An Imaginary Friend Sparks Very Real Horrors in the Creepy Z

Beth (Keegan Connor Tracy) faces a ghoulish threat in Z.
Beth (Keegan Connor Tracy) faces a ghoulish threat in Z.
Image: Shudder

Kids dream up imaginary friends all the time. But when a kid who happens to be a character in a scary movie suddenly announces an invisible new playmate, it’s never something to be treated lightly—a lesson that the family in Z, Shudder’s latest original, learns the hard way.

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At first glance, in Still/Born director Brandon Christensen’s latest domestic nightmare, the Parsons—dad Kevin (Grave Encounters’ Sean Rogerson), Beth (Bates Motel’s Keegan Connor Tracy), and eight-year-old Josh (Jett Klyne)—don’t appear to be a horror movie family. In fact, I would very much like to move into their house, which is huge, surrounded by trees, and oozes with moody, tasteful affluence. There’s even a fireplace in the bathroom, lending the de rigueur “spooky bath” scene (why do women in horror movies always take baths when things start to get tense?) an enviable air of luxury.

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However, since this is a movie, not a Restoration Hardware catalog, ugly things begin to poke their way into this bubble of aesthetic perfection—and as we soon learn, things weren’t really all that perfect to begin with. Kevin’s preferred style of hands-off parenting is a convenient match for the fact that his job keeps him out of the house all day. Beth and her son, however, have plenty of together time—something that increases when Josh’s sudden onset of severe behavioral problems gets him kicked out of school.

A li’l homage to The Omen here.
A li’l homage to The Omen here.
Image: Shudder

Fortunately for anyone who couldn’t make it through act one of The Babadook, Josh’s style of insubordination is mostly somber and mercifully devoid of high-pitched shrieking. But the situation is no less distressing for his mother—Connor Tracy perfectly conveys an agonizing mix of guilt and outrage—since he won’t take any responsibility. Instead, he blames everything on the influence of his new invisible friend, who goes by “Z” and has commandeered all of the child’s playtime, while demanding (via Josh) crust-cut-off sandwiches and glasses of two-percent milk at mealtimes.

After the suspension and a grim accident (or was it?) involving one of social pariah Josh’s former real-world friends, Kevin and Beth finally consult a psychiatrist—though Z prefers to keep the focus turned inward, leaving the family to grapple with a problem that’s way worse than they initially realize. Beth, meanwhile, is dealing with her semi-estranged mother’s recent passing after a long illness; she has a certain amount of help from her younger sister, but (perhaps not surprisingly) zero support from Kevin. Cleaning out her childhood home jogs some memories she’d banished to the darkest corners of her brain.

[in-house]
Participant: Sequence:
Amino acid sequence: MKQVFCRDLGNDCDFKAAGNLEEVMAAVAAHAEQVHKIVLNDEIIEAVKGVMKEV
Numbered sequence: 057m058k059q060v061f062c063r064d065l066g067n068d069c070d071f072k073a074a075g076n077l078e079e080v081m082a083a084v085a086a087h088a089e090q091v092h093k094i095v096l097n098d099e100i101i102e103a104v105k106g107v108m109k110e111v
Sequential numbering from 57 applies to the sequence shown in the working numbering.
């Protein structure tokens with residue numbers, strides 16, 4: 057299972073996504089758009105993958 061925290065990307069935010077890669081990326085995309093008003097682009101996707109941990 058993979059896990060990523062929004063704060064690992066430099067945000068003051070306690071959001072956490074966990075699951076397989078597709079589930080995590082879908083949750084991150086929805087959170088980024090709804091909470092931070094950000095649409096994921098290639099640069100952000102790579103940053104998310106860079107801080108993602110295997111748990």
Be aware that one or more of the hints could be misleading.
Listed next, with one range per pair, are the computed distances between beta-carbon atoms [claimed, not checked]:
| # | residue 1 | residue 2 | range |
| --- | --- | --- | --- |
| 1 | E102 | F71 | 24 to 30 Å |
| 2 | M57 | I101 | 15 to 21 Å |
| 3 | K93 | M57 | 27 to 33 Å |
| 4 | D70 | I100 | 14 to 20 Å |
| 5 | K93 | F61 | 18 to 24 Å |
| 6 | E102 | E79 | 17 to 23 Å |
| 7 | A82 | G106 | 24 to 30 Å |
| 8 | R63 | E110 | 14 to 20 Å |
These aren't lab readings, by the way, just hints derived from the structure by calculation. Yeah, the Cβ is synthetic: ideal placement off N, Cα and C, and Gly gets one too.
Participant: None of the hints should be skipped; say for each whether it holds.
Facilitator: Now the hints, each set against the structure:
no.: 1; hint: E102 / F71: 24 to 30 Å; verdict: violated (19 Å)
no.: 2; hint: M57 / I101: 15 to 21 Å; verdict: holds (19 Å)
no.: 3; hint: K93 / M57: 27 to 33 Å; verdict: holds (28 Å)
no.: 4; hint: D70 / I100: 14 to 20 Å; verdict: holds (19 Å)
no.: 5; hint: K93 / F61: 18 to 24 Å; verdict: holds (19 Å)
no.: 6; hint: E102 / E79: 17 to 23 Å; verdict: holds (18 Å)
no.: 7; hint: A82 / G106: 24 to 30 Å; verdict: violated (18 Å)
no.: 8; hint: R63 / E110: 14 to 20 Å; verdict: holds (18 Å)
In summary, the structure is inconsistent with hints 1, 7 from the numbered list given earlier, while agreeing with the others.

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Just some casual wall-doodling going on here.
Just some casual wall-doodling going on here.
Image: Shudder

The Z trailer actually gives away what counts for a twist in the movie, which is hardly a unique one (three words: Drop Dead Fred; Channel Zero fans, here’s two more for you: “Pretzel Jack”); the movie’s overarching themes about childhood trauma creeping in to disrupt a carefully arranged adult life are also not especially original. But the script—by director Christensen and Colin Minihan (Grave Encounters, It Stains the Sands Red)—makes an impact beyond that reveal, which is to say that even if the Z-Beth-Josh connection doesn’t shock you, there are certain other plot elements poised to unsettle the hell out of you.

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Z is now streaming on Shudder.


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DISCUSSION

Watched this (and The Treatment) the other day, it was pretty good.